The CFPB is worried about checking, particularly consumers’ access to it. In remarks recently released by CFPB head Richard Cordray, he affirmed the basic necessity of access to banking products for the American consumer.
“Checking accounts are an important part of a consumer’s financial life. They are used by some 200 million Americans, making them one of our most widely used financial products. They function as a basic tool for money management that provides a secure way for consumers to collect earnings, make payments, and transfer and hold funds.”
The CFPB is concerned that consumers access to these accounts might be compromised by the various and credit reporting vehicles banks make use of to determine whether an applicant is worthy to hold a checking account. Cordray noted that while most Americans are aware of the three major credit reporting agencies, the landscape is in fact populated by many, many other more specialized players who are also selling their reports to banks. This raises three concerns for the CFPB. [read more]
By Jonnelle Marte – The Washington Post
The kind of debt consumers take on is changing.
And the changes look very different by age, according to a TransUnion report released Wednesday that looks at the shifting make up of consumer debt loads over time. Not surprisingly, younger consumers are seeing student loans crowd out most other types of loans, says Charlie Wise, vice president in TransUnion’s Innovative Solutions Group.
For instance, student loans accounted for 36.8 percent of the total debt load for consumers ages 20 to 29 in 2014, up from the 12.9 percent reported in 2005, the study showed. Meanwhile, the share of debt due to mortgages shrank over that time period, to 42.9 percent in 2014 from 63.2 percent in 2005, as the number of young people buying homes declined. The share of debt loads from auto loans increased, to 14.1 percent from 11.6 percent in 2005.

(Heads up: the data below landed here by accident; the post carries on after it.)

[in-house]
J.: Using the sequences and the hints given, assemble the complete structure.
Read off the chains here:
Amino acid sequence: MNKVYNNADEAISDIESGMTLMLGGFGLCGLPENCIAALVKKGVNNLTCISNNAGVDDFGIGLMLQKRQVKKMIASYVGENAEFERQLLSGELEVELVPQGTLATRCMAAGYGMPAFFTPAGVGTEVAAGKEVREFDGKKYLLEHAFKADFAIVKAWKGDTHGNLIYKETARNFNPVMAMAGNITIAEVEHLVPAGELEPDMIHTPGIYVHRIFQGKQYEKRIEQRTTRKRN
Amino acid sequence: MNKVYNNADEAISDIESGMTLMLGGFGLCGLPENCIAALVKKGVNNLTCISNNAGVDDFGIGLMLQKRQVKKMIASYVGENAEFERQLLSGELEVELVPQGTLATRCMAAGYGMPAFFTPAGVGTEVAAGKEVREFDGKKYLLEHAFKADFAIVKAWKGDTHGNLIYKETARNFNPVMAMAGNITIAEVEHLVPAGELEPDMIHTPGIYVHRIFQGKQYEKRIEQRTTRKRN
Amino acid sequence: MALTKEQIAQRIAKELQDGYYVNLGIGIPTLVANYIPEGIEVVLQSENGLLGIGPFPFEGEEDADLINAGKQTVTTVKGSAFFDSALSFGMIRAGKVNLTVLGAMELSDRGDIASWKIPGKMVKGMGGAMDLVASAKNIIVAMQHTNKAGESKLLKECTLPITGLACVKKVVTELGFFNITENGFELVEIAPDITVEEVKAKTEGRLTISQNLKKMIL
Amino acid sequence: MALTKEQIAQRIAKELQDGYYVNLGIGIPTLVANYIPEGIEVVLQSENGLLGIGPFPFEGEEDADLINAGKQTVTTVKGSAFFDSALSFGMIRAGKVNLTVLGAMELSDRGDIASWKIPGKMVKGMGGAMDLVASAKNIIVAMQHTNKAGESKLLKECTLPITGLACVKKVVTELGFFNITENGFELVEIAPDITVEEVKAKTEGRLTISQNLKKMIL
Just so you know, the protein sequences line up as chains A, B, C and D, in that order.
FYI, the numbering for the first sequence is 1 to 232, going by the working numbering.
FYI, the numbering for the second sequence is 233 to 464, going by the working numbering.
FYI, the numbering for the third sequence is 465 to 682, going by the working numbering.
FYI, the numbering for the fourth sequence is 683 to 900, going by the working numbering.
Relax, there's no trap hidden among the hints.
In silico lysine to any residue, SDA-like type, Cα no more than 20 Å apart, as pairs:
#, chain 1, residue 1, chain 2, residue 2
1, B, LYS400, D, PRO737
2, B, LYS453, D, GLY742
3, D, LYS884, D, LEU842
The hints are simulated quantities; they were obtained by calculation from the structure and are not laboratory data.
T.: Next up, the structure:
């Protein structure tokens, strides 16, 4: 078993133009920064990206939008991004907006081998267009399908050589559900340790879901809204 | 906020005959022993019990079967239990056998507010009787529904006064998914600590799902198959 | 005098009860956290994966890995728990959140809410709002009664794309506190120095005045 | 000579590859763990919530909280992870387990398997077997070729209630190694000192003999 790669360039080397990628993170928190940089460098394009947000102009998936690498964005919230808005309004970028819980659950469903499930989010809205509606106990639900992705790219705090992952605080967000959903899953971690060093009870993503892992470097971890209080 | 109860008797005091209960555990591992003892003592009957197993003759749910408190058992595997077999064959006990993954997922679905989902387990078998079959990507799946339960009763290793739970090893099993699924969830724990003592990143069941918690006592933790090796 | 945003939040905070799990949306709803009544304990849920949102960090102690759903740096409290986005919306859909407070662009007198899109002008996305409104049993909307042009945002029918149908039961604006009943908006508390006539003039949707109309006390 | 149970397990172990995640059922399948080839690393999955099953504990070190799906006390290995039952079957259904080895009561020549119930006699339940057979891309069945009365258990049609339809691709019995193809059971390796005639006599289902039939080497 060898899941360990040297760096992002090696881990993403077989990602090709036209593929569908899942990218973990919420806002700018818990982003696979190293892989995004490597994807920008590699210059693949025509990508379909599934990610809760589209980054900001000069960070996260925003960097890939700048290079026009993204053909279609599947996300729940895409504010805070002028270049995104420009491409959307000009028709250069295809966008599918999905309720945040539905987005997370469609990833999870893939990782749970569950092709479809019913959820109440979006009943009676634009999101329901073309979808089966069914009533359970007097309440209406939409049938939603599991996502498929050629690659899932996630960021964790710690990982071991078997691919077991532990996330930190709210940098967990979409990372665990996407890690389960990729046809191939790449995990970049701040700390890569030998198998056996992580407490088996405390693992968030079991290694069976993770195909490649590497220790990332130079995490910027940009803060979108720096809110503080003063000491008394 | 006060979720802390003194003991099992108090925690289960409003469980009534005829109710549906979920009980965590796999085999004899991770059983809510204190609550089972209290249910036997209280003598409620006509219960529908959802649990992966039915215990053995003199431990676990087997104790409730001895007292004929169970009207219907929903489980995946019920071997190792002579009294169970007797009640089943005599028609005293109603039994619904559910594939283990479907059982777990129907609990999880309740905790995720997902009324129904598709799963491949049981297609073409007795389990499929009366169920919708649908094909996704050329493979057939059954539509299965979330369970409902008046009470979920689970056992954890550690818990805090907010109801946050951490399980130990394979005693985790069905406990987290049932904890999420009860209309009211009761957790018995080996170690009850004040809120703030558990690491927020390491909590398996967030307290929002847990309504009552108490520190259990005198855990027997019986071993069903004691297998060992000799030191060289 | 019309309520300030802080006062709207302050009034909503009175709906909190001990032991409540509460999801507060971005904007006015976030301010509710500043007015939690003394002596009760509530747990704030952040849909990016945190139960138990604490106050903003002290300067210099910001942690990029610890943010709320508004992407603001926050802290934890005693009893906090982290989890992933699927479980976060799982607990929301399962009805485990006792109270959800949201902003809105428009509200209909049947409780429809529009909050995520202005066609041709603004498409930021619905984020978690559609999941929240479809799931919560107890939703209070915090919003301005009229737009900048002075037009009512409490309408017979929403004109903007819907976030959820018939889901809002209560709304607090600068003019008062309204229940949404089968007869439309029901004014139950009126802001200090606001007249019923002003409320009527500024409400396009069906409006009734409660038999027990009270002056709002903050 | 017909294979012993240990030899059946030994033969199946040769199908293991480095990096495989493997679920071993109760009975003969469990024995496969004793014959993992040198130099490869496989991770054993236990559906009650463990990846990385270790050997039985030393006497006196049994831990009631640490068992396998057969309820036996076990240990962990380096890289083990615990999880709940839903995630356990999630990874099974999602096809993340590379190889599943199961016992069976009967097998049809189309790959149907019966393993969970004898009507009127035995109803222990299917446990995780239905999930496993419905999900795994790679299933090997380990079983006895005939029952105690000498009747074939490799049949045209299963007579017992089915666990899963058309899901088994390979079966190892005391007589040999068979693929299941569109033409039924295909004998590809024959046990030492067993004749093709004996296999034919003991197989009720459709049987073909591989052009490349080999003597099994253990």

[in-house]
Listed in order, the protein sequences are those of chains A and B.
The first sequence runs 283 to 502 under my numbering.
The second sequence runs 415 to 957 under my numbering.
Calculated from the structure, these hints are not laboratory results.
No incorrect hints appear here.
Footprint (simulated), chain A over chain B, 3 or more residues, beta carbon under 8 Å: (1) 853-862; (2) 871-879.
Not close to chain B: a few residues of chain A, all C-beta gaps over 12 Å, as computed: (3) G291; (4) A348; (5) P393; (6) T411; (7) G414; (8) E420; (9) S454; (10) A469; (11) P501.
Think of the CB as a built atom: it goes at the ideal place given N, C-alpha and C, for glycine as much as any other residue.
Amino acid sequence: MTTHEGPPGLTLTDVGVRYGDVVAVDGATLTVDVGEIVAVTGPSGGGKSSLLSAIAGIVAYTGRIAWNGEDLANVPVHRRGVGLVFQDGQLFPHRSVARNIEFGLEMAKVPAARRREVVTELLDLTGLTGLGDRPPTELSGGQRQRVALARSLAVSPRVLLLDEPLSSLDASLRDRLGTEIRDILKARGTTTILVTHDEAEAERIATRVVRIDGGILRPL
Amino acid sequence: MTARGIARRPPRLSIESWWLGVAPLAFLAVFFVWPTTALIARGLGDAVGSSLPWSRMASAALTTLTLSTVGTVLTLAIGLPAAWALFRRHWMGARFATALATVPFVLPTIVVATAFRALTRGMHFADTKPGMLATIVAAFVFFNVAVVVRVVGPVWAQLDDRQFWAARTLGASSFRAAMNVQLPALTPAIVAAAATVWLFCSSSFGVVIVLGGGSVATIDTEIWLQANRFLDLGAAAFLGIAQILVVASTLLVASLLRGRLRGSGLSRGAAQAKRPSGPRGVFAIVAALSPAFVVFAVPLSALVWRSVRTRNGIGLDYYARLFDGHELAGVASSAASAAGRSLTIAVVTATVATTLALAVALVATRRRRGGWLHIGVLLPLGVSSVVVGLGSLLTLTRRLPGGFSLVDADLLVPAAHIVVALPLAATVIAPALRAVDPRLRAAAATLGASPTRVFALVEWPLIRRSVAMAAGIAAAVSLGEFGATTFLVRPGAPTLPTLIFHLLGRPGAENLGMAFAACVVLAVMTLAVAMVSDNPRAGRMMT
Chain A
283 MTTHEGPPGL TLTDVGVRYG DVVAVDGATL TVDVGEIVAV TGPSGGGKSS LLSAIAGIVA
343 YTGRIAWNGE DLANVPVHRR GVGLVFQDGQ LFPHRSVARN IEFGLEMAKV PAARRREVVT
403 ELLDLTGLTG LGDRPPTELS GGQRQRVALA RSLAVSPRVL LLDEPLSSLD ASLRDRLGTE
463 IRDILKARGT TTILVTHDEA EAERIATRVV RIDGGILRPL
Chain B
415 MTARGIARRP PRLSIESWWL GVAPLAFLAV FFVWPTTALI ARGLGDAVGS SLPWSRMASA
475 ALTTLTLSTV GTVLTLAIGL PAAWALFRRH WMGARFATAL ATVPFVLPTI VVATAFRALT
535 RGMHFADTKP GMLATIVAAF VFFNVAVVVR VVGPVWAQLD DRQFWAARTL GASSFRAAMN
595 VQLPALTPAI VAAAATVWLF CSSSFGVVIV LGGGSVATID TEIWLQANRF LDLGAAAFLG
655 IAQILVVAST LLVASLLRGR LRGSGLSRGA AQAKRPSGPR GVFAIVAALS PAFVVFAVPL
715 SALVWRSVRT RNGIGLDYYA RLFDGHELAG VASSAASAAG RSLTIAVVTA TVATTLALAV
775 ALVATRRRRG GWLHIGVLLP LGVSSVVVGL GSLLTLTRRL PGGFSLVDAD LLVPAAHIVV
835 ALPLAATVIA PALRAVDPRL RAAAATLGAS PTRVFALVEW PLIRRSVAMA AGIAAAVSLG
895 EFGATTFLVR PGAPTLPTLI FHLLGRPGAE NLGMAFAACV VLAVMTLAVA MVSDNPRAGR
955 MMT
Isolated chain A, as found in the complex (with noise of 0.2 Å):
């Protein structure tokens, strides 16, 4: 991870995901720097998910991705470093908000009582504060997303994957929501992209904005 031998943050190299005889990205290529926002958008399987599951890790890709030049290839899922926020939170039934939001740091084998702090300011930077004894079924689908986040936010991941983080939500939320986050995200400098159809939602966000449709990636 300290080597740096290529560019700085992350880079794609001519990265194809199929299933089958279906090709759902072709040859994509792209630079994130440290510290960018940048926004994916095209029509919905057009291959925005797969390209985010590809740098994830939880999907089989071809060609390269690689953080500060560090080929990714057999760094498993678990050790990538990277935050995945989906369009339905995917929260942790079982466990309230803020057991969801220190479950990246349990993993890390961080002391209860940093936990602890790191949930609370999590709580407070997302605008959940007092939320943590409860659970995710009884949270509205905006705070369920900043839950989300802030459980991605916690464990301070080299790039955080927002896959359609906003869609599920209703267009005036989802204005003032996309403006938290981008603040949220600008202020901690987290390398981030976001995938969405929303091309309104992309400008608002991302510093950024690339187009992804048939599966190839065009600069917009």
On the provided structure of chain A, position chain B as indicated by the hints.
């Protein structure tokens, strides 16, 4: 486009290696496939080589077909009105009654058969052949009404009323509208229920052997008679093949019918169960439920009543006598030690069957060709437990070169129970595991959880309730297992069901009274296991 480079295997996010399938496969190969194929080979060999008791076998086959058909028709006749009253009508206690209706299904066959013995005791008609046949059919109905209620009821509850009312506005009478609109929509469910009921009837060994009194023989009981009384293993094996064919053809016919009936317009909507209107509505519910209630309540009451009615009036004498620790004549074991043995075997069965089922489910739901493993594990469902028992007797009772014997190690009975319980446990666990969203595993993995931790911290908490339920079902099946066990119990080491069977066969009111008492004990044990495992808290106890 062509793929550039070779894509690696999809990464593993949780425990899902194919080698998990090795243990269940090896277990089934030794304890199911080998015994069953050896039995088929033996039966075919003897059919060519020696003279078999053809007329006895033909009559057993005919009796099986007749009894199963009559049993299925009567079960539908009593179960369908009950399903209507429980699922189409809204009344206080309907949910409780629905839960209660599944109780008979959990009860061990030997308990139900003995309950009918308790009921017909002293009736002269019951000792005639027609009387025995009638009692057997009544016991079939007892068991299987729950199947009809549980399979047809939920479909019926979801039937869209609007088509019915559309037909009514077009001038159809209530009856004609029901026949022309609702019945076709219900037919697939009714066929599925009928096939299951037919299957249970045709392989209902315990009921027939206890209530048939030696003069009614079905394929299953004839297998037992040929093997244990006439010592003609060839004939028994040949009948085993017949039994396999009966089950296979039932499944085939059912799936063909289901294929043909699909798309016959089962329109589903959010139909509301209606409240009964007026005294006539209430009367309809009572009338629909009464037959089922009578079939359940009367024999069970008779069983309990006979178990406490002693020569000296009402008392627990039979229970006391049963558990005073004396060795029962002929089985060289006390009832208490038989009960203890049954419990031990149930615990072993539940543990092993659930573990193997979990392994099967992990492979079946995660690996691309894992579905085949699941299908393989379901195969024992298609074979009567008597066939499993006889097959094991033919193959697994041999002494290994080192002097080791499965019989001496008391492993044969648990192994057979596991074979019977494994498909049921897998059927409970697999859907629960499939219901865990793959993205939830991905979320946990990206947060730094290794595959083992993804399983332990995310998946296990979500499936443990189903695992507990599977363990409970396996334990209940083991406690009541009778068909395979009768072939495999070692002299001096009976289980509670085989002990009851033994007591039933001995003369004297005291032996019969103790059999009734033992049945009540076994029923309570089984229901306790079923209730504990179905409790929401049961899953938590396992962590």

At the other end of the age spectrum, consumers 60 and older saw their average debt loads increase for all types of loans — including student loans – likely because of their strong credit histories, Wise says.
While it is still rare for older consumers to have student loan debt — less than 5 percent of consumers in that age group have school loans, according to the report — those who did saw their average debt load grow to $27,168 in 2014 from $14,696 in 2005, similar to the average amount owed by younger consumers. (The average student loan balance for all consumers grew to $29,575 in 2014 from $17,442 in 2005.)
People in their 60s may be helping out family members with weaker credit scores, Wise says. A chunk of those loans, 42 percent, was due to older consumers co-signing on loans to help another borrower qualify, he says. But the majority of that debt is for loans taken out by a person in his 60s, either for his own education or to pay for college for a relative, he says. [read more]
By Jackie Beck – The Huffington Post
When you’re struggling with debt, combining all of your debts into one easy-to-pay loan sounds pretty good. The idea is that you’ll reduce the overall interest you pay, and be hit with fewer late fees since you’ll only have one payment to remember.
There’s just one problem.
Debt consolidation can actually leave you deeper in debt.
Consolidating debt often masks the real problem